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Old 10-15-2021, 10:35 AM
walker1 walker1 is offline
 
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Default cat question and vet visit

Have a 26 month old tabby orange. He was having a hard time about this time last week getting in the litter box and you could see his discomfort. Figured he was passing something or blockage. Vet in Okotoks last saturday. Needle in bladder and home with meds. Was getting better. Then tuesday he was slow again and had a hard time urinating so ran him to fish creek vet here in SE and they ran tests, xray, blood, etc and had to sedate him to get some discharge out with possible blockage . All blood and enzymes were great as he is young and healthy. Sent us home with him all drugged up and some more meds and canned soft food and said he needs to change the diet from his kibble. Also said he could still have some blockage ( similar to kidney stones). He seems pretty good but has a harder time peeing and today this morning there was some blood traces in his pee.
Wife and I have to go to work so will follow up and call vet but think this is normal? Hope he is passing some chrystalization hence the traces or blood. He is eating great of coarse....... typical male!!!!

Any thoughts appreciated
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Old 10-15-2021, 10:52 AM
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fordtruckin fordtruckin is online now
 
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Only time I've ever heard of something happening like this (only the hard time going to the litter box and lethargic) would be kidney failure, which in my experience happens in older cats. I imagine one of the vets would have caught that. Hope the little guy gets over whatever it is! If both vets did tests and came to the same conclusion they know more than I ever would so unless you want to get a third opinion I'd go with what they said.
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Old 10-15-2021, 11:04 AM
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urban rednek urban rednek is offline
 
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Male cats are highly susceptible to urinary tract obstructions due to diet and and not getting enough liquid. Ours gets a diet of kibble, wet, including watered down raw pumpkin, lean raw meat trimmings, and the occasional slow mouse.

ACVS site is very helpful for all pet health inquiries, here is the direct link to this issue:
https://www.acvs.org/small-animal/ur...struction-cats

If you are looking for a new vet, the Willow Park Animal Clinic on Fairmont Drive was highly recommended to us.
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Old 10-15-2021, 11:47 AM
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MK2750 MK2750 is offline
 
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Cats are supposed to get the vast majority of their water intake from the food they eat. Kibble alone is obviously less than ideal. A cat that drinks a lot or at all is already severely dehydrated.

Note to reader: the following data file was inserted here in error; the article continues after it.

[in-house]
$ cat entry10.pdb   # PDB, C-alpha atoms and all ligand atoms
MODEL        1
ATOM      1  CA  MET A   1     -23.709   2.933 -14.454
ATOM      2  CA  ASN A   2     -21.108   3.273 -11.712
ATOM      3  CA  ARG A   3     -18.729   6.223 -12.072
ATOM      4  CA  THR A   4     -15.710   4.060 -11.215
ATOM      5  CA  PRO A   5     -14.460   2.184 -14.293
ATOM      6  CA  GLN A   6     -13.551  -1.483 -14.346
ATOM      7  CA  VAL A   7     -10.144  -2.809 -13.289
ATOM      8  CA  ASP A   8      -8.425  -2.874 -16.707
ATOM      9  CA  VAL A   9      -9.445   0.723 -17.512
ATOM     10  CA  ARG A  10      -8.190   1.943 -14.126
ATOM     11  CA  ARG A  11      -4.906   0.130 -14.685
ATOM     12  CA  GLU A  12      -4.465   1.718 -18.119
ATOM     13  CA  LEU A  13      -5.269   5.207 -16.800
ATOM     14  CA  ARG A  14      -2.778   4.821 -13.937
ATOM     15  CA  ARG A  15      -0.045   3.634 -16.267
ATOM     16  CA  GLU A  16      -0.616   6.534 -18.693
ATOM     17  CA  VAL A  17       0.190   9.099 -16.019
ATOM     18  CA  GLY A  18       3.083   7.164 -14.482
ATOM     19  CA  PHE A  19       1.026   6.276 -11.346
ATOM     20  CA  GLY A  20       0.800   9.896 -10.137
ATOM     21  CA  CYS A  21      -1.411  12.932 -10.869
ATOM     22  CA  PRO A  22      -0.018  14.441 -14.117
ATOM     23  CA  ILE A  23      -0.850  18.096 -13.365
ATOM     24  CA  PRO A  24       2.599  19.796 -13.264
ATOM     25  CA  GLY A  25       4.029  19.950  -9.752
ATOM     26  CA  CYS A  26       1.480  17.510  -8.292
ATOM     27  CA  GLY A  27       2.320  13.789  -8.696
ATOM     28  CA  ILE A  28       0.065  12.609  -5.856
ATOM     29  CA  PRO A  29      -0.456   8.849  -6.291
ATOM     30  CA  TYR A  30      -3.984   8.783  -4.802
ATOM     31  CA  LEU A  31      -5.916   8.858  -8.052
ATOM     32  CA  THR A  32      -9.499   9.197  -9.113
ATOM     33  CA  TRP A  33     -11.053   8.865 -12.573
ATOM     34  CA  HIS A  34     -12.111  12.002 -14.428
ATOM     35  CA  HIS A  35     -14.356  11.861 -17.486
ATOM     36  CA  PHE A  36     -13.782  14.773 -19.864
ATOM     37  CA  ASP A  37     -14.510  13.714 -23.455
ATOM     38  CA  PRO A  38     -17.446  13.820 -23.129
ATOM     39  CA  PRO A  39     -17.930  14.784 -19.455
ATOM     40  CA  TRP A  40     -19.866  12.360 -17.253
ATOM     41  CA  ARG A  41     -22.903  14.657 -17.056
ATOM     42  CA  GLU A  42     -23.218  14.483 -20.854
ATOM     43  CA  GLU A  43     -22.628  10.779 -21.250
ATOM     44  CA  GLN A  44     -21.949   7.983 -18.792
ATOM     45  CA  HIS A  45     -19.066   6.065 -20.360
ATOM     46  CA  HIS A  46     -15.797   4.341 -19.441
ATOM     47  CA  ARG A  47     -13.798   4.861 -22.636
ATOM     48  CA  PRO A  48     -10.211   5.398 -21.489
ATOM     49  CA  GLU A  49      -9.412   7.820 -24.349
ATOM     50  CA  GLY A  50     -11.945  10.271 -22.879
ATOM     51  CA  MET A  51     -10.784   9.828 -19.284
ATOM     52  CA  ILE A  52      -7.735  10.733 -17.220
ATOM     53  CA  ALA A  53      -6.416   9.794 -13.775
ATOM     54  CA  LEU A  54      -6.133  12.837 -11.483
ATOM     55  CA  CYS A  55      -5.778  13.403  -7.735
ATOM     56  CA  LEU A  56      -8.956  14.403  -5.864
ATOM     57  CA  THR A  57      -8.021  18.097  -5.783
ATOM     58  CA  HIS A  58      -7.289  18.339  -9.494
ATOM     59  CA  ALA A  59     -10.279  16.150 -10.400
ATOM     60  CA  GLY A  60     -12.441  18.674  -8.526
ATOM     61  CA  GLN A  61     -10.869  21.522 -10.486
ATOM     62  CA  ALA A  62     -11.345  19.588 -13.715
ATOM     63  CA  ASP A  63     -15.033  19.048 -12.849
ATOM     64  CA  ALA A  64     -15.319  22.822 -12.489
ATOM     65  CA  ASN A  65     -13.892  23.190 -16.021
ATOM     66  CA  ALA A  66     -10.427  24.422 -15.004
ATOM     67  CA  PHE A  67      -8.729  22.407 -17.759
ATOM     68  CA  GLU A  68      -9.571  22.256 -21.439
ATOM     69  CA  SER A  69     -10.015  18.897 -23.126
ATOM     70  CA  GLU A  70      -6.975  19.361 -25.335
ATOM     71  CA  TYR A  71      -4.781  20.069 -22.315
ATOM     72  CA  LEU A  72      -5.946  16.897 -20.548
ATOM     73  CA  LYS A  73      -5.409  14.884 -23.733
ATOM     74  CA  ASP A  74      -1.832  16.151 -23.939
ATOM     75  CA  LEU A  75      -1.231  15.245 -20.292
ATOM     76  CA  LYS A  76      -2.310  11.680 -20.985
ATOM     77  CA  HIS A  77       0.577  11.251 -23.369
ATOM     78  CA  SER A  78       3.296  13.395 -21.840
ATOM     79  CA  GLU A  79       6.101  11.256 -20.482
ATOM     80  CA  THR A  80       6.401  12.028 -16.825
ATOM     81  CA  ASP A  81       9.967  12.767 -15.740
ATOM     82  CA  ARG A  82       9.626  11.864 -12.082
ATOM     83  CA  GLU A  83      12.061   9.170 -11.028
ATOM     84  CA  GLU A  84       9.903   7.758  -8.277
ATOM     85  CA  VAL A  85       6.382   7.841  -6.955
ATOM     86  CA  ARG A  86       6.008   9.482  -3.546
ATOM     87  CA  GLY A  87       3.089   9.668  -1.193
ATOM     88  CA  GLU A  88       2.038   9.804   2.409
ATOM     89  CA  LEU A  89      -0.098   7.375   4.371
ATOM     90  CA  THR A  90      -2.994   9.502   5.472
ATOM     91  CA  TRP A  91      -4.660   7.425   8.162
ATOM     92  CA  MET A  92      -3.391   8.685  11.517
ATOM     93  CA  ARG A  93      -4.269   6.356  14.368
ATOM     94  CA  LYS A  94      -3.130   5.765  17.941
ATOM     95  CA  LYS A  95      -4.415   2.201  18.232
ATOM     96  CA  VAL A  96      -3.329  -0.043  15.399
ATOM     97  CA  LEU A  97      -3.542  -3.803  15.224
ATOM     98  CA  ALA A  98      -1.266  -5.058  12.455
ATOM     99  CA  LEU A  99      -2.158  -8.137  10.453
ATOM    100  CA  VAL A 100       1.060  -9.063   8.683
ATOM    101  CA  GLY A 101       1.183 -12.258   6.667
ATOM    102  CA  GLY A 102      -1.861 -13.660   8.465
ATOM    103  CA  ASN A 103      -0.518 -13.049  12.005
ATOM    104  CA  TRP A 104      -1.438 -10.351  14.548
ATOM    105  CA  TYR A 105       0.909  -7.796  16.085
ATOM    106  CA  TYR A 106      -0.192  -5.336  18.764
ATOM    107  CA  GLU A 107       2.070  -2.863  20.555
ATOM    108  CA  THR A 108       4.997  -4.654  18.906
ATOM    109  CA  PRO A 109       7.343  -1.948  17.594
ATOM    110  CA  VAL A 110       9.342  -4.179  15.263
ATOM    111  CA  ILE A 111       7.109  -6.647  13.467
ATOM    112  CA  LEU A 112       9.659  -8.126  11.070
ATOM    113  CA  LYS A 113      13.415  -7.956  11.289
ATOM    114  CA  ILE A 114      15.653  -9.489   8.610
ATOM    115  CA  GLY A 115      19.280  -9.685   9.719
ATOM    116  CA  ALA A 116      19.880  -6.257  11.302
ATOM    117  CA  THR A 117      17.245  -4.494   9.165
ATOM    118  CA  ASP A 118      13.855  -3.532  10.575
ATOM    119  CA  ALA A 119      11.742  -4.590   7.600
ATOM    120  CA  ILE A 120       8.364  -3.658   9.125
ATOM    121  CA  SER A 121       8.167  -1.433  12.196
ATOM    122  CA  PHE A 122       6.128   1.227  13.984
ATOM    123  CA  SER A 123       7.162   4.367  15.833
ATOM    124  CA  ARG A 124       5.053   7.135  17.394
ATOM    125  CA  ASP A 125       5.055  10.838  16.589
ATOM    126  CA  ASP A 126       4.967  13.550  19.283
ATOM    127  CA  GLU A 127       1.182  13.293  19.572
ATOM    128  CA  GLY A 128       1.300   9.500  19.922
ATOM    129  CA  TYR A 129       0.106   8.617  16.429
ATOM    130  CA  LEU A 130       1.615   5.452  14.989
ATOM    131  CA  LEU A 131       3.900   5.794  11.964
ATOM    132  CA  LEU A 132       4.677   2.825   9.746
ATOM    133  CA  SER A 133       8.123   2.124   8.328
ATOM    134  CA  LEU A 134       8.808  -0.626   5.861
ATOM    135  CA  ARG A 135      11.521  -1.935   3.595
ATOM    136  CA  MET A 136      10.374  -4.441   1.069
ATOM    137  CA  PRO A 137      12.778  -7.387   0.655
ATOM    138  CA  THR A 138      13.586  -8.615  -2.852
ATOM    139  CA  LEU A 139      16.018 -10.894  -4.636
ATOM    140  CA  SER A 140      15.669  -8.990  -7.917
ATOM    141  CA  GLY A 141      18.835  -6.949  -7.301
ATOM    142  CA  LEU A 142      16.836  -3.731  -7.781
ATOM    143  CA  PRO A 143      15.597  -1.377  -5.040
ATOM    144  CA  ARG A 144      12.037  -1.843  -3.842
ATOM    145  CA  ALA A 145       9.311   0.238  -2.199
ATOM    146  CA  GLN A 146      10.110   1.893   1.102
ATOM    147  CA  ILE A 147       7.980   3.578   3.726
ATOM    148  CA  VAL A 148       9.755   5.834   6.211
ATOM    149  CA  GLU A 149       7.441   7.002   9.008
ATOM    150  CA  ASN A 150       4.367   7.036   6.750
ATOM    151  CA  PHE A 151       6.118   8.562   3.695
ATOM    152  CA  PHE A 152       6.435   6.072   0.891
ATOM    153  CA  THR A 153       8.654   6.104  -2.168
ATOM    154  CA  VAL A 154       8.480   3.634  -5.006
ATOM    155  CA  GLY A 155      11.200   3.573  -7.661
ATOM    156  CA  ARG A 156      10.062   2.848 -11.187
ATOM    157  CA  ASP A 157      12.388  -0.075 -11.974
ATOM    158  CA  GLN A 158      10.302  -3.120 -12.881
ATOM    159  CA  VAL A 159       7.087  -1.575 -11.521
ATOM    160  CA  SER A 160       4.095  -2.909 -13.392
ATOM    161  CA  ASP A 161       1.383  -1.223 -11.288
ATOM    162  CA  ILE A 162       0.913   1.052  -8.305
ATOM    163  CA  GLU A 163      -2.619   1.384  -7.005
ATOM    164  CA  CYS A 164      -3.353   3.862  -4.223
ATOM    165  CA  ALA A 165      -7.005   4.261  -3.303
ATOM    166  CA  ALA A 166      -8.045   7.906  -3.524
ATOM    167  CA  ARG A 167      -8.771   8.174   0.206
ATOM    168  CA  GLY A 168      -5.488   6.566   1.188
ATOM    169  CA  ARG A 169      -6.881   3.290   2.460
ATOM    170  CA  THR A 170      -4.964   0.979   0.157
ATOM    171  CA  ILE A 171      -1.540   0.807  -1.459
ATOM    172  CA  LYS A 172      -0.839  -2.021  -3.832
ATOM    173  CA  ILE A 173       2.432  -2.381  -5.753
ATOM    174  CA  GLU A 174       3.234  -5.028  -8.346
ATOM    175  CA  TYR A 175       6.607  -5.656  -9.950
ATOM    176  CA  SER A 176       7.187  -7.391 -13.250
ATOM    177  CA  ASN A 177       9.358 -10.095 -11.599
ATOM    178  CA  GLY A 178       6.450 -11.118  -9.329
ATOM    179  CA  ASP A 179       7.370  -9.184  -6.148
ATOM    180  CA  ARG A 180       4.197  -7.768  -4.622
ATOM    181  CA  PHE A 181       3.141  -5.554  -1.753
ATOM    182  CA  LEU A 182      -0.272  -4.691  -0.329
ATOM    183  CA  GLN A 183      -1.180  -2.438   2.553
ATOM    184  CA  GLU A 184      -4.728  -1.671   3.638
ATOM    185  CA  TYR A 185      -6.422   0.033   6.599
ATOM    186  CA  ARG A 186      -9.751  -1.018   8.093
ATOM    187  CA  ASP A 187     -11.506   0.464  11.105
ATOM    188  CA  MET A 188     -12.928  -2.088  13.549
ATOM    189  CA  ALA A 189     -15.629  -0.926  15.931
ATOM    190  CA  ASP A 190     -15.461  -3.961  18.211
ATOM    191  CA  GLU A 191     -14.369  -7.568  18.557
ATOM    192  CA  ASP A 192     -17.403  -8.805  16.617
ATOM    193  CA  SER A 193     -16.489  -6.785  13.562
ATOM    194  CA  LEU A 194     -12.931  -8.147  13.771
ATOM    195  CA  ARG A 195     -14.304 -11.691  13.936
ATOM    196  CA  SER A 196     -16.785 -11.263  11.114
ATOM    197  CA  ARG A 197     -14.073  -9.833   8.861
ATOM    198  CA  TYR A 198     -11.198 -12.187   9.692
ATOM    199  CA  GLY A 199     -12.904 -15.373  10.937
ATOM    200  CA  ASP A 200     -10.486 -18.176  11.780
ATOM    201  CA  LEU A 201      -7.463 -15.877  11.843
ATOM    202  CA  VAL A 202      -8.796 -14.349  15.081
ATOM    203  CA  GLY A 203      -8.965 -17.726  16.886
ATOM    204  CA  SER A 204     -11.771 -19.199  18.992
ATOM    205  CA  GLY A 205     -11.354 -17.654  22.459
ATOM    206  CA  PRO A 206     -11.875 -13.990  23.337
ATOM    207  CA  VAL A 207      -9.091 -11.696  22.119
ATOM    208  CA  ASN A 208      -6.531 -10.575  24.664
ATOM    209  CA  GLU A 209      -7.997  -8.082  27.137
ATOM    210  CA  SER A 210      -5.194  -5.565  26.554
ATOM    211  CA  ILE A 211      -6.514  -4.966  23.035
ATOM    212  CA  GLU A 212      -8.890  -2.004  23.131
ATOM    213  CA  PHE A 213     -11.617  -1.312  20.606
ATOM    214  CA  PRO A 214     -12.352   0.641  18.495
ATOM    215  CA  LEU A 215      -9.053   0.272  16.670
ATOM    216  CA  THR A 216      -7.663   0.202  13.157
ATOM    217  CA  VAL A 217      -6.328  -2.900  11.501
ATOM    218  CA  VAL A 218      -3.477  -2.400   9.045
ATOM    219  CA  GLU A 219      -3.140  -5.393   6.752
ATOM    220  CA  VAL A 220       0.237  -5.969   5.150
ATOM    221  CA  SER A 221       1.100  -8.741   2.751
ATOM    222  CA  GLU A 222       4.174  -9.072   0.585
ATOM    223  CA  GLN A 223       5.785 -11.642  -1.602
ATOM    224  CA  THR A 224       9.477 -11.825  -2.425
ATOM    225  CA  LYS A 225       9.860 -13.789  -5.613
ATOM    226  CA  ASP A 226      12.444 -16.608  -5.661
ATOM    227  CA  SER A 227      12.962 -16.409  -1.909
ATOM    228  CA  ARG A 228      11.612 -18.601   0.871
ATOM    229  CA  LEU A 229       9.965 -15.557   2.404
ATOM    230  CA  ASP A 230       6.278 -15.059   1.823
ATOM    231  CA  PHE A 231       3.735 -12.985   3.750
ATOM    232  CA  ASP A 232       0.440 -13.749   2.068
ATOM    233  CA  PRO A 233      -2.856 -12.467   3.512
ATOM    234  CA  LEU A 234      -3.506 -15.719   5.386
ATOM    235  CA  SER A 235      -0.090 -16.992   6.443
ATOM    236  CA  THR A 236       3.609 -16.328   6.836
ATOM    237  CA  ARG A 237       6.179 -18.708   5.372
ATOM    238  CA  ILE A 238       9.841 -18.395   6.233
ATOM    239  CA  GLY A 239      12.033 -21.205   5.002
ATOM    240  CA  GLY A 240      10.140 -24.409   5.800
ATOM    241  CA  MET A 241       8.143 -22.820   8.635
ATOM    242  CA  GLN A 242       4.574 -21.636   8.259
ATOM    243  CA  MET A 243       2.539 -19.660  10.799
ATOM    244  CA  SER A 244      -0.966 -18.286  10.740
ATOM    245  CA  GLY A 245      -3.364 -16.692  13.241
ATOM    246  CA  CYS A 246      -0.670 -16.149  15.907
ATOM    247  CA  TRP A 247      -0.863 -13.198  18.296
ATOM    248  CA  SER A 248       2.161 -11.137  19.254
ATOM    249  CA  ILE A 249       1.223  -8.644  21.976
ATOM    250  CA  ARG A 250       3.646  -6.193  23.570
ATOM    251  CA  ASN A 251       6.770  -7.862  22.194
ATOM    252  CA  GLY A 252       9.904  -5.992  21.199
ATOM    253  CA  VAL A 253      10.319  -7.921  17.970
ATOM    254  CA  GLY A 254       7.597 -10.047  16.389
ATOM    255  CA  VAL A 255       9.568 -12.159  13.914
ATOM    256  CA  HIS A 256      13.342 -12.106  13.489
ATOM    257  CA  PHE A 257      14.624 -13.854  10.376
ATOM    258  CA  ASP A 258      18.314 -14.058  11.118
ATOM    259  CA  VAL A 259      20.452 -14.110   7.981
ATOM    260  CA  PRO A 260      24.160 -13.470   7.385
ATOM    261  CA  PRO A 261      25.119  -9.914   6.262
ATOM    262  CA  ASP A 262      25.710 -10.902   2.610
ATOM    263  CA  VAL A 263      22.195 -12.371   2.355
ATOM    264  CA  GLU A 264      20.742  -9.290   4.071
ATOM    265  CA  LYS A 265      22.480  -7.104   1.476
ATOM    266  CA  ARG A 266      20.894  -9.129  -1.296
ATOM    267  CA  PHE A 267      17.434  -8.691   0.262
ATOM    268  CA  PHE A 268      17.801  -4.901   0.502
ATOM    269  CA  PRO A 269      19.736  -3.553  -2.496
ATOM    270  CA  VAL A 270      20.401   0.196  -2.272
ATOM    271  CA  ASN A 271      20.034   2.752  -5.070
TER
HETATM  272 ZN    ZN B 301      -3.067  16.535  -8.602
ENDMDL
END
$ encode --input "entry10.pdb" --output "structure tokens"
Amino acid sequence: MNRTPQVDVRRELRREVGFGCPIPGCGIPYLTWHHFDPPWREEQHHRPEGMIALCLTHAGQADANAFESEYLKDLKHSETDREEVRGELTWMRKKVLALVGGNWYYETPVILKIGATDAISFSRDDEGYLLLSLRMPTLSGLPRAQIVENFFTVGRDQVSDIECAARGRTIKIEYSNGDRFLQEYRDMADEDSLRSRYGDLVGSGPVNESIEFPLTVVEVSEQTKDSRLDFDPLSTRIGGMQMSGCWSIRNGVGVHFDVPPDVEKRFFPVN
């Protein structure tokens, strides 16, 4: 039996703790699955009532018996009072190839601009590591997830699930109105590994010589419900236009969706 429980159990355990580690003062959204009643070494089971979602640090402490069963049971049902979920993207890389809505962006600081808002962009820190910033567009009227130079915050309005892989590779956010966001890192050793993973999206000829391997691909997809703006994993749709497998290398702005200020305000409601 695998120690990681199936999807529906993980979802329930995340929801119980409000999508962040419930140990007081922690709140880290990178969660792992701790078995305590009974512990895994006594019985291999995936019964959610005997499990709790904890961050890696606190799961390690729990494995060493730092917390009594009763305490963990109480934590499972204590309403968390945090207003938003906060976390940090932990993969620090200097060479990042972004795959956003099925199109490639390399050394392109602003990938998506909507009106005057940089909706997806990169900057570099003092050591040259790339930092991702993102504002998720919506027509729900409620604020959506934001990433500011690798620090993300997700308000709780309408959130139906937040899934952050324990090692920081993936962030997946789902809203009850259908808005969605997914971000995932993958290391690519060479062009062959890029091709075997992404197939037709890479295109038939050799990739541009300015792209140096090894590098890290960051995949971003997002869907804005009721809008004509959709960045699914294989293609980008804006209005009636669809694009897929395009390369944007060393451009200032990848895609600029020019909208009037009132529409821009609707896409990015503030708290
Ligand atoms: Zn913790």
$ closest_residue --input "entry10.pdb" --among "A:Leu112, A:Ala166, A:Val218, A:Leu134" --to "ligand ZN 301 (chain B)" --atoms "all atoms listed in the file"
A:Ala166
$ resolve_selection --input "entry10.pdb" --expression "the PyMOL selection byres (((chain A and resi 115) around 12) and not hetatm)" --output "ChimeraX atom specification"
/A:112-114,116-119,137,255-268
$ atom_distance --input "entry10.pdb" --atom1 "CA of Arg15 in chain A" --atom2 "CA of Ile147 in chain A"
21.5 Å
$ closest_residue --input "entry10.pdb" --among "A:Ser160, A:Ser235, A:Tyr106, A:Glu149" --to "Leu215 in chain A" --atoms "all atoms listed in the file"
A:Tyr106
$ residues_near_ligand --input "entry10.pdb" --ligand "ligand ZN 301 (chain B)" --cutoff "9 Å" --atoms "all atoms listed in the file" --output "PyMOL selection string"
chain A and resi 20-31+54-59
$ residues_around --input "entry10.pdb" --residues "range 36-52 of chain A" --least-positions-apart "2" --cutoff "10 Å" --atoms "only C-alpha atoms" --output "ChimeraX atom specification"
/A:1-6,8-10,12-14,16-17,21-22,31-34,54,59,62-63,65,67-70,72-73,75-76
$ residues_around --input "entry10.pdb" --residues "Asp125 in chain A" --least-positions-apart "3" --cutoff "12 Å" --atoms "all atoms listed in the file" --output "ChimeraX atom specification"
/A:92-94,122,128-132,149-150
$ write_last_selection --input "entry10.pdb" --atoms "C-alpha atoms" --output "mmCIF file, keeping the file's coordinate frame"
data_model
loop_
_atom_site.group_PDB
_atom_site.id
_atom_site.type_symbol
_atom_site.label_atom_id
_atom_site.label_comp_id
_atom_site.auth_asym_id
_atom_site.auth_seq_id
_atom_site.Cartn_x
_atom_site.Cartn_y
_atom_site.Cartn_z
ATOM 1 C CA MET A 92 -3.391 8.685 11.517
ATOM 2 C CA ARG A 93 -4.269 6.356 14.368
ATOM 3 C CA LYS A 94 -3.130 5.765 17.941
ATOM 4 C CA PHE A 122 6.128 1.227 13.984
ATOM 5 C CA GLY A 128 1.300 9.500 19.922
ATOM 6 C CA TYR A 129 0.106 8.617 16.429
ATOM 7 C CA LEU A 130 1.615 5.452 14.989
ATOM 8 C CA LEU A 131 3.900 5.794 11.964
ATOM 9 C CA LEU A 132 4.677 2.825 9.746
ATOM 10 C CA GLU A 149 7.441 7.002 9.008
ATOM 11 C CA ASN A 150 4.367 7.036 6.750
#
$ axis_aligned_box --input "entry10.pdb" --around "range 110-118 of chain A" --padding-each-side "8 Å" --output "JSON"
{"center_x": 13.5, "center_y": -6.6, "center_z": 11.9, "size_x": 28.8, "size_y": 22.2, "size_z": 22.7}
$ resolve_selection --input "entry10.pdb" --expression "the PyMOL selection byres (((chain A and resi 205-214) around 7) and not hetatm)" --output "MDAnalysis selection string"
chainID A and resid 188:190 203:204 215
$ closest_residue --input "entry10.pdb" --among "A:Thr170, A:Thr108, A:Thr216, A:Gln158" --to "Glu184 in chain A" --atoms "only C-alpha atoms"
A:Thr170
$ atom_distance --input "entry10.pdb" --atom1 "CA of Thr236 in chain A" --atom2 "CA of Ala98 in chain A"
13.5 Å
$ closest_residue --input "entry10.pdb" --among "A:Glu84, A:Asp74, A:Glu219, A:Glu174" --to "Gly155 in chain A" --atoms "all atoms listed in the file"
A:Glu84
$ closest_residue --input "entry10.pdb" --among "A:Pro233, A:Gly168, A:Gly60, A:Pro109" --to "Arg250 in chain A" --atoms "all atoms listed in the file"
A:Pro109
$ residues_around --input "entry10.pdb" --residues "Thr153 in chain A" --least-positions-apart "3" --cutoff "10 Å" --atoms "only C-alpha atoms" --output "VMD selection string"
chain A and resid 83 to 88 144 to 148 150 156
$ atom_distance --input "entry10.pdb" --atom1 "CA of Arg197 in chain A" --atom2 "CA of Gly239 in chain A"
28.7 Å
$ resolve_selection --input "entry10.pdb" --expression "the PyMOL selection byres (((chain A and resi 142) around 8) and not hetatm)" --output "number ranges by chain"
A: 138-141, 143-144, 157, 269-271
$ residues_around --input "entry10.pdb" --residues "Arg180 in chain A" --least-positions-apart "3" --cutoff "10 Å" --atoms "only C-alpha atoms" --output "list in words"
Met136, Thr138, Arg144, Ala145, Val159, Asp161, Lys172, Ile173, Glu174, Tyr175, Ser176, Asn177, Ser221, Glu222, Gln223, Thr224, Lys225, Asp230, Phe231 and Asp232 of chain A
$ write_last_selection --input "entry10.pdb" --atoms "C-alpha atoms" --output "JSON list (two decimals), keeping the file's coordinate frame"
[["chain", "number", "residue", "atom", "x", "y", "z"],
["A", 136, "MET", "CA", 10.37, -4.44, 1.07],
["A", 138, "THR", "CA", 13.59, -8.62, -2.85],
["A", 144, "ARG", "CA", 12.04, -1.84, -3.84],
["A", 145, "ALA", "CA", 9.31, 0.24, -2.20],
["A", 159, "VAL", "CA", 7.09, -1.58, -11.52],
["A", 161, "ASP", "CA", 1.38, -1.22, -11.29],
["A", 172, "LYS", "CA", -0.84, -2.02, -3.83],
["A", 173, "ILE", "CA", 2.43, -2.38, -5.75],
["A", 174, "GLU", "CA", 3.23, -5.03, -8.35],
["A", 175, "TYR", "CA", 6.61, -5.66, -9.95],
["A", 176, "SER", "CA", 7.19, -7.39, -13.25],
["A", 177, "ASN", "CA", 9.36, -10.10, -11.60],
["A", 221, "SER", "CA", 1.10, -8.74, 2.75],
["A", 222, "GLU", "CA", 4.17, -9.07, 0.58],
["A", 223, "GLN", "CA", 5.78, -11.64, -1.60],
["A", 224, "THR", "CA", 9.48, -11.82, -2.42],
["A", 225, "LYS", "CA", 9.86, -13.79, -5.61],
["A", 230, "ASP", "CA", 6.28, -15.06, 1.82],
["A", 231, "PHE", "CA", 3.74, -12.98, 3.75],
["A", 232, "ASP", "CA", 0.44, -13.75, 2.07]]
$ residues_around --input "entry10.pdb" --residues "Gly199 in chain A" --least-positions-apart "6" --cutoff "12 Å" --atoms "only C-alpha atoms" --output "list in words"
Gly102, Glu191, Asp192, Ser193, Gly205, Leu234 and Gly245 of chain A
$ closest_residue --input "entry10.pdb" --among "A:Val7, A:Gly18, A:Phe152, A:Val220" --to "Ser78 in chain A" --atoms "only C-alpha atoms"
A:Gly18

Kibble does however keep their teeth cleaner as they would no doubt be chewing on or eating bones in the wild.

I feed Purina Pro Plan in the cans, lots of fresh meat and offer kibble as a snack between meals.

Unlike dogs, cats are truly carnivores and in a perfect world they would not get any of the garbage additives and grain fillers found in the vast majority of food.

Another cause of urinary track issues is salty type preservatives. Cats and all animals need minerals but often dry food has a way too much and it ends up causing problems.

https://pets.thenest.com/salt-cat-fo...bad-10443.html
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Old 10-15-2021, 12:07 PM
walker1 walker1 is offline
 
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Thank you all for the replies. He does eat well and prior to this it was kibble some soft and hard snacks and he did seem to drink a s good amount of water.

The diet change to soft cans is what he is on since tuesday and vet said to run this and nothing else for the next 10 days. Yes, lots of water in there. he has not drank as much water since we noticed the issue.
Hoping the blood we are seeing is normal for what he is going through. He is eating well and usually has lots of energy and does get the odd mouse or bird in the trees in back yard!!!
I will keep an eye big time the next few days and hope the blood is gone . Will not run out to vet yet as I think he needs some quiet days.

Appreciate all feedback!!!! Was supposed to be celebrating later as oldest son turns 18 and have some pops but cat ( Tigger) is on the mind!!!!
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Old 10-15-2021, 12:19 PM
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lmtada lmtada is online now
 
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Quote:
Originally Posted by MK2750 View Post
Cats are supposed to get the vast majority of their water intake from the food they eat. Kibble alone is obviously less than ideal. A cat that drinks a lot or at all is already severely dehydrated.

Kibble does however keep their teeth cleaner as they would no doubt be chewing on or eating bones in the wild.

I feed Purina Pro Plan in the cans, lots of fresh meat and offer kibble as a snack between meals.

Unlike dogs, cats are truly carnivores and in a perfect world they would not get any of the garbage additives and grain fillers found in the vast majority of food.

Another cause of urinary track issues is salty type preservatives. Cats and all animals need minerals but often dry food has a way too much and it ends up causing problems.

https://pets.thenest.com/salt-cat-fo...bad-10443.html